How Credit Constraints Impact Job Finding Rates, Sorting & Aggregate Output

Kyle Herkenhoff, University of Minnesota, Gordon Phillips, Dartmouth College, and Ethan Cohen-Cole, Vega Economics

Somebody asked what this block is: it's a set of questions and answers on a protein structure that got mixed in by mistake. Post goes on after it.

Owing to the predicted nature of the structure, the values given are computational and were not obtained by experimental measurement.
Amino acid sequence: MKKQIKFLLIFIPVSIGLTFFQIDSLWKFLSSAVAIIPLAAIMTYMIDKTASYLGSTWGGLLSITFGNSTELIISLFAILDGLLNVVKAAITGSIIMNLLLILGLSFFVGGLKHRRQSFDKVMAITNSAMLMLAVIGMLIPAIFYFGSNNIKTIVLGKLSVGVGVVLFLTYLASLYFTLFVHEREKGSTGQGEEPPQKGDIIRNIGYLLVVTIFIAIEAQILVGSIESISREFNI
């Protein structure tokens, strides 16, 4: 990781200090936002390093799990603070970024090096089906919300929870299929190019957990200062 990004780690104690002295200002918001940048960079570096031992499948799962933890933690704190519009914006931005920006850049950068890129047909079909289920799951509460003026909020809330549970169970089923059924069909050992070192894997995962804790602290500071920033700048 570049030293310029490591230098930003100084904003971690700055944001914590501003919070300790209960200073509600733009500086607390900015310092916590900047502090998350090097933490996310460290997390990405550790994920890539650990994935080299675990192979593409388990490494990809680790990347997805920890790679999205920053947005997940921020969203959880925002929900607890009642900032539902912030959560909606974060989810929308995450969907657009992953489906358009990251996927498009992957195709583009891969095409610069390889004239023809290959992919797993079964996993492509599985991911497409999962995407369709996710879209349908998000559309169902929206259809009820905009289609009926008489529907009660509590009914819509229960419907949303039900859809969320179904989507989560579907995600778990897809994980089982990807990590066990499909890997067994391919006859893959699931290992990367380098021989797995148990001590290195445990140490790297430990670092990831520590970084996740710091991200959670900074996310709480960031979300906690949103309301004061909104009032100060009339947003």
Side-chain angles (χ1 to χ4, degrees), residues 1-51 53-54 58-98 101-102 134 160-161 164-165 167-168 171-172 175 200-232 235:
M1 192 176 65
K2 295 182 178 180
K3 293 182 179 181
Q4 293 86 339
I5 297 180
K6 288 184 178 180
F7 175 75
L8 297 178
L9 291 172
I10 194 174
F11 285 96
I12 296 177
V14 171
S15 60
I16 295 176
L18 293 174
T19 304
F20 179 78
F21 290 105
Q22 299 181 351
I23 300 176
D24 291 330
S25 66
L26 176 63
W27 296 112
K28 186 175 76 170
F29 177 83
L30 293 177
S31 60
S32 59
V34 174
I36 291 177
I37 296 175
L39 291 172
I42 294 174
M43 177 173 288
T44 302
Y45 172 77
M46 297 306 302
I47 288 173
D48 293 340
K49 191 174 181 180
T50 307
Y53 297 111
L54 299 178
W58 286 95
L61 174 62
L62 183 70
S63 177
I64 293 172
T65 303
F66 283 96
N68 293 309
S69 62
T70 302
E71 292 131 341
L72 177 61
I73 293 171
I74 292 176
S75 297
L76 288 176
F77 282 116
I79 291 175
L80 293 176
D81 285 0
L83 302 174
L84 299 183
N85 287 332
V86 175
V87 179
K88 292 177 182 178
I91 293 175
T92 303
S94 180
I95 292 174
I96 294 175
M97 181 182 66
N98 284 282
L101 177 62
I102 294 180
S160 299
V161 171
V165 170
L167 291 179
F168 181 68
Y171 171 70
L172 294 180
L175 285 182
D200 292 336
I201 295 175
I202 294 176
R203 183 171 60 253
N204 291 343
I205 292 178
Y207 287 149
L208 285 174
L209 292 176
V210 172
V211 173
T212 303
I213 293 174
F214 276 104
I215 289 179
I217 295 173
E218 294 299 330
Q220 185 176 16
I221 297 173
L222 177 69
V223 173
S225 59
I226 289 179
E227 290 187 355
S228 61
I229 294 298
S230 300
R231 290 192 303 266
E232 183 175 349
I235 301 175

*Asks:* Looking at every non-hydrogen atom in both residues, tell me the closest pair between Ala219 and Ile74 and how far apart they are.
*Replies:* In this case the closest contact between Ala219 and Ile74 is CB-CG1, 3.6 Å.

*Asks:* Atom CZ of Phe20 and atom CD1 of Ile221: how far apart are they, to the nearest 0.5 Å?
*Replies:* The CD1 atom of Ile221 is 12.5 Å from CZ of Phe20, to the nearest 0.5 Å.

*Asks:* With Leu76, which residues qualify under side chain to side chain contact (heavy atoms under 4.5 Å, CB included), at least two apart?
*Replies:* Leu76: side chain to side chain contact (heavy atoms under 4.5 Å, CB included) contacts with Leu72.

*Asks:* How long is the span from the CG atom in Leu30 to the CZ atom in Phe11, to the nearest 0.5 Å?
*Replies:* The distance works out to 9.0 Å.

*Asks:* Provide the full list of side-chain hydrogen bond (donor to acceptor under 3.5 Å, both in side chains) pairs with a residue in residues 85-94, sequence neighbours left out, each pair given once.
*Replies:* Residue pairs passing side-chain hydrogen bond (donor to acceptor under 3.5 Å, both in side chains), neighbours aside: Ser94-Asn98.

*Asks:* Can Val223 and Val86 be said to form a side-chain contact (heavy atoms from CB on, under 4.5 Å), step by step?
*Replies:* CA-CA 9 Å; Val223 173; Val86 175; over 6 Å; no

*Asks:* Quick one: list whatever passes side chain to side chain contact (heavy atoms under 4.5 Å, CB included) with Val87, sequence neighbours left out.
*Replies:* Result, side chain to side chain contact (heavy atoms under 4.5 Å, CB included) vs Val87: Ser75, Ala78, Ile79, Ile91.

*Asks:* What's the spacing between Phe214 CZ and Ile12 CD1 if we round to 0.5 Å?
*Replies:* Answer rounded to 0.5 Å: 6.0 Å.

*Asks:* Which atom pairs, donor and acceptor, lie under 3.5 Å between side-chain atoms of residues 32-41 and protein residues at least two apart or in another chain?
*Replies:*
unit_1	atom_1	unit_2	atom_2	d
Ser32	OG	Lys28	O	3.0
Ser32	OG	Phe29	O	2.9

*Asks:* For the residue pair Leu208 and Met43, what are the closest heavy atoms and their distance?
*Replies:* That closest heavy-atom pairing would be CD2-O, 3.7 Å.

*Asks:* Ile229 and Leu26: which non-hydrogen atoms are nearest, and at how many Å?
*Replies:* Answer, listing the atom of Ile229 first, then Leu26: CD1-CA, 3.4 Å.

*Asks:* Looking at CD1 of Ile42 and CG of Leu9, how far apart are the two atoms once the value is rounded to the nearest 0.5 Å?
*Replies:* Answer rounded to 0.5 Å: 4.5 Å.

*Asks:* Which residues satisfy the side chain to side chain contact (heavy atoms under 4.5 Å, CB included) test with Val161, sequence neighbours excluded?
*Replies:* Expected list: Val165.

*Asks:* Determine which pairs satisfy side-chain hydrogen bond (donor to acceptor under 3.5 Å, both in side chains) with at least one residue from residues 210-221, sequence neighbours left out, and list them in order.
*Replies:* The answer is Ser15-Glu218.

How do consumer credit markets affect the allocation of workers to firms, output, and labor productivity? We address this question in two steps. First, we use new microdata to estimate empirical elasticities of job search patterns to credit. Second, we estimate our novel theory of sorting under risk aversion to match these elasticities, and then we conduct aggregate counterfactuals. Empirically, we show that an increase in credit limits worth 10% of prior annual earnings allows individuals to take 0.33 weeks longer to find a job. Conditional on finding a job, they earn 1.85% more and work at higher paying firms. We also find that young and high-utilization individuals are more responsive to credit. Theoretically, we integrate risk aversion and borrowing into a model with worker and firm heterogeneity. We estimate the model to match our new empirical elasticities, and we then measure how the credit expansion from 1964 to 2004 affected sorting and output. Sorting improves as credit expands since constrained workers – in particular constrained, young, high human capital workers – find more capital-intensive jobs.